This article describes the structure and characteristics of codecs in KaDeck Desktop and KaDeck Web. It is recommended to read this article carefully before developing a custom codec.
The structure of codecs
Codecs can be separated into two different parts:
- Decoding (message consumption)
- Encoding (message ingestion)
When records are waiting to be decoded, a consumption request is being issued. Analogously an ingestion request is being published when messages are waiting to be encoded.
Features and characteristics
Besides the apparent decoding and encoding functionalities, a codec in KaDeck has some unique characteristics:
- Lifecycle methods allow for preparation before the decoding and encoding process and when a new server connection is made. This is useful when integrating other (web) services to gather additional information required for the encoding/decoding process.
- Codec configuration objects give access to the details of the server configuration during the initialization and preparation phase.
- A custom codec can optionally be included in the Auto-Detection process, which gives the codec the chance to check if it is applicable for the decoding request.
A codec runs through several states that were designed to give you plenty of options even when having to deal with complex scenarios, such as calling a web service to retrieve data structures or doing some more advanced calculations before returning a result to KaDeck.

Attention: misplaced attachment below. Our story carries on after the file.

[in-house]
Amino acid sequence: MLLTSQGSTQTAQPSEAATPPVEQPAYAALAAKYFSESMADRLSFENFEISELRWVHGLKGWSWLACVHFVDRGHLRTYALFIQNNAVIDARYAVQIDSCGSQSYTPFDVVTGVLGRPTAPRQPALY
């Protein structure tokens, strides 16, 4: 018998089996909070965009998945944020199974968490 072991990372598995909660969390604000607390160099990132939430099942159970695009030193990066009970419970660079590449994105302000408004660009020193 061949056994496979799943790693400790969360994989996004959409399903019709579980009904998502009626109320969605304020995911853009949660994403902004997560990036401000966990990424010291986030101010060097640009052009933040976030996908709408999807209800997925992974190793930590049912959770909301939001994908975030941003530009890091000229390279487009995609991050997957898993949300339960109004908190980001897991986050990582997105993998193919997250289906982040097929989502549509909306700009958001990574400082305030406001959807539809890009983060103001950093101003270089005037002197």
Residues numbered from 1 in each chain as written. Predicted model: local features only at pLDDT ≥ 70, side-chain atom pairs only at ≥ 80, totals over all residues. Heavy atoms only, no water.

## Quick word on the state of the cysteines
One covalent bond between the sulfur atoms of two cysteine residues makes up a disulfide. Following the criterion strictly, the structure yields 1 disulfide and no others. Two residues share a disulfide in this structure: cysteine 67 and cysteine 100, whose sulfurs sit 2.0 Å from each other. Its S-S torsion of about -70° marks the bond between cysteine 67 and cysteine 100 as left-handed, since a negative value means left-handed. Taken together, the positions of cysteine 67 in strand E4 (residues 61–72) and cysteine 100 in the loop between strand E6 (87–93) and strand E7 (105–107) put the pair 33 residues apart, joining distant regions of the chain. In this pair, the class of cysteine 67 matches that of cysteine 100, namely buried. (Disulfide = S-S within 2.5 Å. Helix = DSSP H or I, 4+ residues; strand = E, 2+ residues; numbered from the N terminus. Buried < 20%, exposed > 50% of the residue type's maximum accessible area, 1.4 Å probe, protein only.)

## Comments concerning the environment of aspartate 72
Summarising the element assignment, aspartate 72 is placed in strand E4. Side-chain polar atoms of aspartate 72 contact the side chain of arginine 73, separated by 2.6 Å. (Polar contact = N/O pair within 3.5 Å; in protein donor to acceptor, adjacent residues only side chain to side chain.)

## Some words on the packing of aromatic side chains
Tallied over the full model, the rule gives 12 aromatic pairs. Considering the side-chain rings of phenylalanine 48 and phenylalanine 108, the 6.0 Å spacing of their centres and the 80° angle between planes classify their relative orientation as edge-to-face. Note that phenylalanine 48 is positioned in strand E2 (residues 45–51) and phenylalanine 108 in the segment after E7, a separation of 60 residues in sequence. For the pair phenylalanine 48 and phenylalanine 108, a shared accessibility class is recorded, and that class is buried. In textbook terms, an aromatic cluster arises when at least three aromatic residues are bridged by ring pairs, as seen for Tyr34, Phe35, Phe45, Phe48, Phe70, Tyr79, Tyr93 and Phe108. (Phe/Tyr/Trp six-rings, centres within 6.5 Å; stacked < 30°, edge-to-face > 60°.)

A codec is instantiated once a connection to a server in the server browser has been established.
For KaDeck Web developers, it is important to note that:
- Every user has their own set of codec instances during the whole session.
- When a user connects to a server, the user's codec instances are instantiated.
- States (e.g., a cache) can be shared across users using static fields.
The instantiation phase can be used to retrieve data from a remote location and to build up a new or update an existing cache.
When a new consumption or ingestion request is available, the preparation methods are executed.
There is a separate preparation method for ingestion requests and consumption requests.
These preparation methods should be used to prepare the data needed to decode or encode the records so they can be quickly accessed during the subsequent calls of the decoding or encoding methods, respectively.
The decoding or encoding
After the preparation phase, the decoding or encoding methods are called subsequently for every record of the consumption or ingestion request.
When the custom codec participates in the auto-detection process, throwing an exception inside the method for the first record skips this codec and marks it as "not applicable". If no exception is thrown and a value is returned, the consumption request will be assigned to the codec.